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I have the following code, where most of the code seem to look awkward, confusing and/or circumstantial, but most of it is to demonstrate the parts of the much larger code where I have a problem with. Please read carefully

# The following part is just to demonstrate the behavior AND CANNOT BE CHANGED UNDER NO CIRCUMSTANCES
# Just define something so you can access something like derived.obj.foo(x)
class Basic(object):
    def foo(self, x=10):
        return x*x

class Derived(object):
    def info(self, x):
        return "Info of Derived: "+str(x) 
    def set(self, obj):
        self.obj = obj

# The following piece of code might be changed, but I would rather not
class DeviceProxy(object):
    def __init__(self):
        # just to set up something that somewhat behaves as the real code in question
        self.proxy = Derived()

    # crucial part: I want any attributes forwarded to the proxy object here, without knowing beforehand what the names will be
    def __getattr__(self, attr):
        return getattr(self.proxy, attr)

# ======================================
# This code is the only I want to change to get things work

# Original __getattr__ function
original = DeviceProxy.__getattr__

# wrapper for the __getattr__ function to log/print out any attribute/parameter/argument/...
def mygetattr(device, key):
    attr = original(device, key) 
    if callable(attr):
        def wrapper(*args, **kw):
            print('%r called with %r and %r' % (attr, args, kw))
            return attr(*args, **kw)
        return wrapper
        print "not callable: ", attr
        return attr

DeviceProxy.__getattr__ = mygetattr

# make an instance of the DeviceProxy class and call the double-dotted function
dev = DeviceProxy()
print dev.info(1)
print dev.obj.foo(3) 

What I want is to catch all method calls to DeviceProxy to be able to print all arguments/parameters and so on. In the given example, this works great when calling info(1), all of the information is printed. But when I call the double-dotted function dev.obj.foo(3), I only get the message that this is not a callable.

How can I modify the above code so I also get my information in the second case? Only the code below the === can be modified.

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The problem is that for dev.obj.foo(3), mygetattr is being called with device dev and key obj, which is indeed not callable. What you need is to figure out a way to call it with device obj and key foo. (How to do that isn't readily apparent to me.) –  khagler Dec 8 '12 at 17:02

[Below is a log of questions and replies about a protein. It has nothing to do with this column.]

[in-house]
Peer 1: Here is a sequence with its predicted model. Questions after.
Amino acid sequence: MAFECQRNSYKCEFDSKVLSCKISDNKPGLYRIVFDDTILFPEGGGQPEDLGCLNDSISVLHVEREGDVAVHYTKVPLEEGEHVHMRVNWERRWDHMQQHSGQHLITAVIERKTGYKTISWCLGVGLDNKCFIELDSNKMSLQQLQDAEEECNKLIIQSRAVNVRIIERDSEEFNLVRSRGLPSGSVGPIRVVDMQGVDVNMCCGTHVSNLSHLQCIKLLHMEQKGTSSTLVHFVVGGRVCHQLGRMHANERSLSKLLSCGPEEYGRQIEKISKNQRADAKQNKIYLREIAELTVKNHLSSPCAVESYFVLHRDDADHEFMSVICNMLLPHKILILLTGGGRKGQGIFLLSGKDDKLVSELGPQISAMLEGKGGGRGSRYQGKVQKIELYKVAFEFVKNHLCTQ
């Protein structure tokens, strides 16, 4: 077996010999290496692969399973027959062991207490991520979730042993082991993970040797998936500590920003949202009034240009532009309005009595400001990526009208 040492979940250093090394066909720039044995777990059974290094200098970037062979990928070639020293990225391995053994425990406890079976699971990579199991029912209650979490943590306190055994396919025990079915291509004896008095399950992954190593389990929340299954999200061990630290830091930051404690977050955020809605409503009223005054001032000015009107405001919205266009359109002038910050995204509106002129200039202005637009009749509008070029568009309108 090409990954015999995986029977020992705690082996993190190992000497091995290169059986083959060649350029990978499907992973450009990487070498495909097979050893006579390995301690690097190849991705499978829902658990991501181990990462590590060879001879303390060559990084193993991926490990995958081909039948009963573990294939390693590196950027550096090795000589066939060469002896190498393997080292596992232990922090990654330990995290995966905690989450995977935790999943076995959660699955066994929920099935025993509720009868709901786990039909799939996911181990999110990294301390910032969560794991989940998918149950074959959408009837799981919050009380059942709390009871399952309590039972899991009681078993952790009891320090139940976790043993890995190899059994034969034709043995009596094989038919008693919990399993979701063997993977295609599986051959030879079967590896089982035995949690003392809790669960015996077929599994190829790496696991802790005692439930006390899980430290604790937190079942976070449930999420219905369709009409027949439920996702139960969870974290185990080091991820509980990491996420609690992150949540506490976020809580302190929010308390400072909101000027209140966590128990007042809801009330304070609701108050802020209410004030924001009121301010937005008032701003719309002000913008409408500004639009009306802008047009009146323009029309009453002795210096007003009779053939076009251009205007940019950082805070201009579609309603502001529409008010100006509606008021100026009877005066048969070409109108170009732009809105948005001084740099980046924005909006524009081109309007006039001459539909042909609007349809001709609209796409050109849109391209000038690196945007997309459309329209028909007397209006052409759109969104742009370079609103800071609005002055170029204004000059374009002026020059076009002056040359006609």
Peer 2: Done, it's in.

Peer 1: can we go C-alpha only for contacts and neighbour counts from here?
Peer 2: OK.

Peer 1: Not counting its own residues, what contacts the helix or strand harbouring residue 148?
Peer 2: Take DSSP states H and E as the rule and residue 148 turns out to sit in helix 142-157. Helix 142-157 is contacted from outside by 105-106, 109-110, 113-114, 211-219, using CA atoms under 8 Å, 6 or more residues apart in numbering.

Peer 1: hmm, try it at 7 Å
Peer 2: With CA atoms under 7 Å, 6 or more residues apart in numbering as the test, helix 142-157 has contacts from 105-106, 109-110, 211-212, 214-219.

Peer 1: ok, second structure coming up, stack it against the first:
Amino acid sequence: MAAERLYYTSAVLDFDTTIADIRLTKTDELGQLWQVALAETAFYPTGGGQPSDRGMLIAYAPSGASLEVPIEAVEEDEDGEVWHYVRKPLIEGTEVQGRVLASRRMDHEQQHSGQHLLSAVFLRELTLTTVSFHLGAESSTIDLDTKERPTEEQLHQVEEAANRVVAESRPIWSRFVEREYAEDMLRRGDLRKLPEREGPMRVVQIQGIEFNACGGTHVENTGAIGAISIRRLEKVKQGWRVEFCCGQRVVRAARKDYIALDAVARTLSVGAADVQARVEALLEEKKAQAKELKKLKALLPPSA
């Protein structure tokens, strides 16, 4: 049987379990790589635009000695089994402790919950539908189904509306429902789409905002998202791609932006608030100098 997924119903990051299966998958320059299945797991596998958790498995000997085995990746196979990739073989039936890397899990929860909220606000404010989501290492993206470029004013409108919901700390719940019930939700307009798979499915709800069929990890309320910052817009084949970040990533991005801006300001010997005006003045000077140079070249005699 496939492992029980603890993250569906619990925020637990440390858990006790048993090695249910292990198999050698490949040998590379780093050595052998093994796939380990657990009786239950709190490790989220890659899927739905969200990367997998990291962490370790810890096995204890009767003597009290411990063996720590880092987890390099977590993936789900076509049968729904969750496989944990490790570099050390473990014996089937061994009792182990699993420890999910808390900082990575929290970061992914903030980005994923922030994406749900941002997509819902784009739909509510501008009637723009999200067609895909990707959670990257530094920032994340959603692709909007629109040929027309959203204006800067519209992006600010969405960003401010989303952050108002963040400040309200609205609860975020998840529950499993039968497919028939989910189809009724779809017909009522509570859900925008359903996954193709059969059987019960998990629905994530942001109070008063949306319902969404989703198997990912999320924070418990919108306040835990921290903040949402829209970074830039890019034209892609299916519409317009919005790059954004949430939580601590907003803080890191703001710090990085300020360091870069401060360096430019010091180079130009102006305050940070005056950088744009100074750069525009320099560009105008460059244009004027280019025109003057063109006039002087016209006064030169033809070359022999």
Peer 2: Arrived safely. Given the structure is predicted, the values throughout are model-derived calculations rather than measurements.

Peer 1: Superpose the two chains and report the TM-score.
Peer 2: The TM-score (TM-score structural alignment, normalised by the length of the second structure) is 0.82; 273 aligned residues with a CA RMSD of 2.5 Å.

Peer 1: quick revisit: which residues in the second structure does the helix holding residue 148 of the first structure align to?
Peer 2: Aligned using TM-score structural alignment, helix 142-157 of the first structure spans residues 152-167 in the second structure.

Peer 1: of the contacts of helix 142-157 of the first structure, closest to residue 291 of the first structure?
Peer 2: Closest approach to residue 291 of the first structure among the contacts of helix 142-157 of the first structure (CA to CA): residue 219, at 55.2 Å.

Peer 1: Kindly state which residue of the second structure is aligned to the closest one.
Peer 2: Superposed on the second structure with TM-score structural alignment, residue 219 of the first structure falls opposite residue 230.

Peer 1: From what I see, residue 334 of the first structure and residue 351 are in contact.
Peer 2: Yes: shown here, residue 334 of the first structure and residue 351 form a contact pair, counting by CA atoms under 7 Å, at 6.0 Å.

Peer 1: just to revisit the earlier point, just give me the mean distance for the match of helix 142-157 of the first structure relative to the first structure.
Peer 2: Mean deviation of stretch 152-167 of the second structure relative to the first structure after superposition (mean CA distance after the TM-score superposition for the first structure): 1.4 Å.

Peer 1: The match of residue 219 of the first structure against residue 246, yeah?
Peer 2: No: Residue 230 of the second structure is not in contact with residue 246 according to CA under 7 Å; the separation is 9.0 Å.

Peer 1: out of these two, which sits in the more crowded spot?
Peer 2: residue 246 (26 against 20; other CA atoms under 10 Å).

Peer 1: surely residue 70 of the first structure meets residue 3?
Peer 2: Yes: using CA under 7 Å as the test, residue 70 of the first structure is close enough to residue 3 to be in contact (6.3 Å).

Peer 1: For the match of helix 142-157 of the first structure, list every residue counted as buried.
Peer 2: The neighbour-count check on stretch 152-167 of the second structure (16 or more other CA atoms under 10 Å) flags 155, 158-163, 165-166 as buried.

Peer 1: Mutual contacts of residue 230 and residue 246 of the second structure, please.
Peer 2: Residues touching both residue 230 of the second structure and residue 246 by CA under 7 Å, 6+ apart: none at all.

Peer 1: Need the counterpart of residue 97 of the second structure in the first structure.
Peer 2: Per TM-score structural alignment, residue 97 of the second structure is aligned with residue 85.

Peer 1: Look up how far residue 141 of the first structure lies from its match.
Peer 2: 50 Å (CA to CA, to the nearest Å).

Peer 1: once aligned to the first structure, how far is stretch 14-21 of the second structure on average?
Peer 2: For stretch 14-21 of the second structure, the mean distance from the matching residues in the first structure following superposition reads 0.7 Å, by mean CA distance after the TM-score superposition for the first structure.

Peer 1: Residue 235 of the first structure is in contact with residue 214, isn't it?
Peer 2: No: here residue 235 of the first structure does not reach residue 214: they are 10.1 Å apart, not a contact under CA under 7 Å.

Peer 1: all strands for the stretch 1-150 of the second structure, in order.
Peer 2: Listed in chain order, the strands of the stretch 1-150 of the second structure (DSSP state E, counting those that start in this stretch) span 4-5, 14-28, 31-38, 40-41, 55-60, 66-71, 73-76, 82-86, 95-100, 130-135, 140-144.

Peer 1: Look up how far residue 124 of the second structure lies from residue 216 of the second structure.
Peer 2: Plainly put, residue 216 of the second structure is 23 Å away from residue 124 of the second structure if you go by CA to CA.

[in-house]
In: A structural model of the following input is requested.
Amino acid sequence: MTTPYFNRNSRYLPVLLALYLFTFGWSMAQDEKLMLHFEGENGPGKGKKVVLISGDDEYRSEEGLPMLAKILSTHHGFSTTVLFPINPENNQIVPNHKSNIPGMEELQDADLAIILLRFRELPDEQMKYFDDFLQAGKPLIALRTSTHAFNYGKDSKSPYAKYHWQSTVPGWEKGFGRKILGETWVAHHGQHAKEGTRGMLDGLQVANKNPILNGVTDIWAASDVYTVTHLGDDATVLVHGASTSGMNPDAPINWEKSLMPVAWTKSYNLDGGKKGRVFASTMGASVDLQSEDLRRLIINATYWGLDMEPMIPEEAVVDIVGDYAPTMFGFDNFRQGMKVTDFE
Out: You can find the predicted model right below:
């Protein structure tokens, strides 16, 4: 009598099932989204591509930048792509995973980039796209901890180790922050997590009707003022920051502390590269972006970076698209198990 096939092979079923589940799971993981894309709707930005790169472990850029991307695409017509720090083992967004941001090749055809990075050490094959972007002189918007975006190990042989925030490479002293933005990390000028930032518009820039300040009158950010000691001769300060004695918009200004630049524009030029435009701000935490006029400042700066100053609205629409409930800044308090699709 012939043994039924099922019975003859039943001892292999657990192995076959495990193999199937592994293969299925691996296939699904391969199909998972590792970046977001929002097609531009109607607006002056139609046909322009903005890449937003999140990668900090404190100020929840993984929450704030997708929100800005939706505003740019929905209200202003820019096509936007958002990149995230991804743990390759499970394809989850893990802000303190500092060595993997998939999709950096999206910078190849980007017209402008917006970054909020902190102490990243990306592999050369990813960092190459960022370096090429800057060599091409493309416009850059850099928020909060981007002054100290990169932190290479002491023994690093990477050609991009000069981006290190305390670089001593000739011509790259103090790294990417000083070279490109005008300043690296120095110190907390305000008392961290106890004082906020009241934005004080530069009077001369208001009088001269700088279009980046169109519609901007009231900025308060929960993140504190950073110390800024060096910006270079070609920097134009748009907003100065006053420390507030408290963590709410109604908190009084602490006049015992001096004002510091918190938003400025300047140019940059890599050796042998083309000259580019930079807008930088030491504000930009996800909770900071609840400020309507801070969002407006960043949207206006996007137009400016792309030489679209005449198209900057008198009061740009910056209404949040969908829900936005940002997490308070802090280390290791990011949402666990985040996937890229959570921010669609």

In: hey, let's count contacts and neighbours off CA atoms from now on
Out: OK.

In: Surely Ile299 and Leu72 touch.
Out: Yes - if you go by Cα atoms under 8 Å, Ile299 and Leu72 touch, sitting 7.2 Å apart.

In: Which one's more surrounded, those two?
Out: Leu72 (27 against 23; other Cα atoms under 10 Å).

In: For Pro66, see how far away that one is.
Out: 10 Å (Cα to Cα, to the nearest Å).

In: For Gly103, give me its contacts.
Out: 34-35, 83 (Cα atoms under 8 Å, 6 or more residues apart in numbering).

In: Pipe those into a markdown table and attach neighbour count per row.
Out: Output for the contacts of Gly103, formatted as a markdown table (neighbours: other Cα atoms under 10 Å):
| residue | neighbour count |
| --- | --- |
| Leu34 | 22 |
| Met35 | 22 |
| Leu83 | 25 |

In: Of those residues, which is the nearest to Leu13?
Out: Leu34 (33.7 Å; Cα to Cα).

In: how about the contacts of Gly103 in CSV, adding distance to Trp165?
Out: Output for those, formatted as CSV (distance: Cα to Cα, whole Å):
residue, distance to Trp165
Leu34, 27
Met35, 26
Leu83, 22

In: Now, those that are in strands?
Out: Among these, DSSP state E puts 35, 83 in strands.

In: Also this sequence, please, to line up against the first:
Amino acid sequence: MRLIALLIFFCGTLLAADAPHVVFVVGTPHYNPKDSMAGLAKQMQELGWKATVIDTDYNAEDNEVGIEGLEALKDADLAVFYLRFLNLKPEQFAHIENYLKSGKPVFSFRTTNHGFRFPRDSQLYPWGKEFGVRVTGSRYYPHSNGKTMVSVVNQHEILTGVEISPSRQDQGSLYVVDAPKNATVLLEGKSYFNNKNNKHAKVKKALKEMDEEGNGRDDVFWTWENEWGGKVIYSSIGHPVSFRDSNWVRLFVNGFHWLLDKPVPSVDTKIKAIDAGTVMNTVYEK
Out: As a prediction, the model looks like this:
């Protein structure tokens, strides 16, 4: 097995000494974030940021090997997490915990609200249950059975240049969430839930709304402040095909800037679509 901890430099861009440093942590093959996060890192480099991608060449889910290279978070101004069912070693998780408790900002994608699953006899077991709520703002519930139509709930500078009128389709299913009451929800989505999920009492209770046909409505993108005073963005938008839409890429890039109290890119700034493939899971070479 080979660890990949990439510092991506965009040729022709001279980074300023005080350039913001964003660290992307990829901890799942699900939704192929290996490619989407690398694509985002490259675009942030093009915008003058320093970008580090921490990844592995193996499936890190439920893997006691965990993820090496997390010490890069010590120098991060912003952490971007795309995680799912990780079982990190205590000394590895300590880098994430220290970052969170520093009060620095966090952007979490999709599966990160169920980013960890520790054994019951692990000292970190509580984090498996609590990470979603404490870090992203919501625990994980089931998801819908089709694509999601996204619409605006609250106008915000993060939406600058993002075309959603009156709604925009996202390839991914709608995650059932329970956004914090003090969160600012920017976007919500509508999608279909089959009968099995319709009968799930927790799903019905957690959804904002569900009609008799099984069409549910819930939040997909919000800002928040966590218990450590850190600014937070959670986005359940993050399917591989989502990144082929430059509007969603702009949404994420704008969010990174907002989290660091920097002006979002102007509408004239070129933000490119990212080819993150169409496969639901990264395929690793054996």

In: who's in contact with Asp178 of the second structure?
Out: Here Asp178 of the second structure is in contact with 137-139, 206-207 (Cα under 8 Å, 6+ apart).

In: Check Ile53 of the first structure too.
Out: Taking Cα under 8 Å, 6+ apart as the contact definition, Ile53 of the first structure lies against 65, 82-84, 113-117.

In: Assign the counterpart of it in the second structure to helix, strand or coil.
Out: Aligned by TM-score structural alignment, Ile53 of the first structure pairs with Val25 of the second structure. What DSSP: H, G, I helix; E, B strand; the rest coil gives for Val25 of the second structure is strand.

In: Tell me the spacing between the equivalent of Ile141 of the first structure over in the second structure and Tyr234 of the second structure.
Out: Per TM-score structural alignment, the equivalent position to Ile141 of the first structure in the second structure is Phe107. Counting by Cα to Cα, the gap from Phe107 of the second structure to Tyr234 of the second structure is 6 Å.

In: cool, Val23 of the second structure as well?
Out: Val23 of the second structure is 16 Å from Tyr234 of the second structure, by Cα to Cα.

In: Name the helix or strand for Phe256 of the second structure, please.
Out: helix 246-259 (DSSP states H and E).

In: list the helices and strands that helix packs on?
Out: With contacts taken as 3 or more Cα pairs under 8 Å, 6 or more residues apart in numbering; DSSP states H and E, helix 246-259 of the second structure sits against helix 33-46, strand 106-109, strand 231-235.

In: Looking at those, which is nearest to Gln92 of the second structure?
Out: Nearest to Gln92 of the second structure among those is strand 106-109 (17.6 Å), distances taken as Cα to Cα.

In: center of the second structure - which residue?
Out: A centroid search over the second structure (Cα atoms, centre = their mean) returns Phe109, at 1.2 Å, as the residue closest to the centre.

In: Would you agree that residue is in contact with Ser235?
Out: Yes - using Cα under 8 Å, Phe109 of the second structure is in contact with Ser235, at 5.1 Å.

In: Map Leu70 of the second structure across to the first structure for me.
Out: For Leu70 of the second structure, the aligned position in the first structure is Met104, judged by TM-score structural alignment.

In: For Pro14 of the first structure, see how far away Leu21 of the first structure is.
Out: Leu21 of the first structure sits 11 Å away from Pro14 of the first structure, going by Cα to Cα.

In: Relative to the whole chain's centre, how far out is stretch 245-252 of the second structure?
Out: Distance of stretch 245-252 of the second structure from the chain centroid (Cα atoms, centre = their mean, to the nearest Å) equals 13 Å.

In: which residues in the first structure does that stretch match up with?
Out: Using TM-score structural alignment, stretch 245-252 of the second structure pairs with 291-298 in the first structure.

Yes that is exactly the problem. It seems I need another layer of wrapper or something like that, but I do not know for sure how many there are. There could be calls like device.service.info.version.firmware or whatever. –  Alex Dec 8 '12 at 17:28
As far as I can tell, "Basic" and "Derived" are not using inheritance, despite the names. –  Karl Knechtel Dec 8 '12 at 18:52

1 Answer 1

You have just a __getattr__ on dev and you want, from within this __getattr__, to have access to foo when you do dev.obj.foo. This isn't possible. The attribute accesses are not a "dotted function" that is accessed as a whole. The sequence of attribute accesses (the dots) is evaluated one at a time, left to right. At the time that you access dev.obj, there is no way to know that you will later access foo. The method dev.__getattr__ only knows what attributes you are accessing on dev, not what attributes of that result you may later access.

The only way to achieve what you want would be to also include some wrapping behavior in obj. You say you can't modify the "Base"/"Derived" classes, so you can't do it that way. You could, in theory, have DeviceProxy.__getattr__ not return the actual value of the accessed attribute, but instead wrap that object in another proxy and return the proxy. However, that could get a bit tricky and make your code more difficult to understand and debug, since you could wind up with tons of objects being wrapped in thin proxies.

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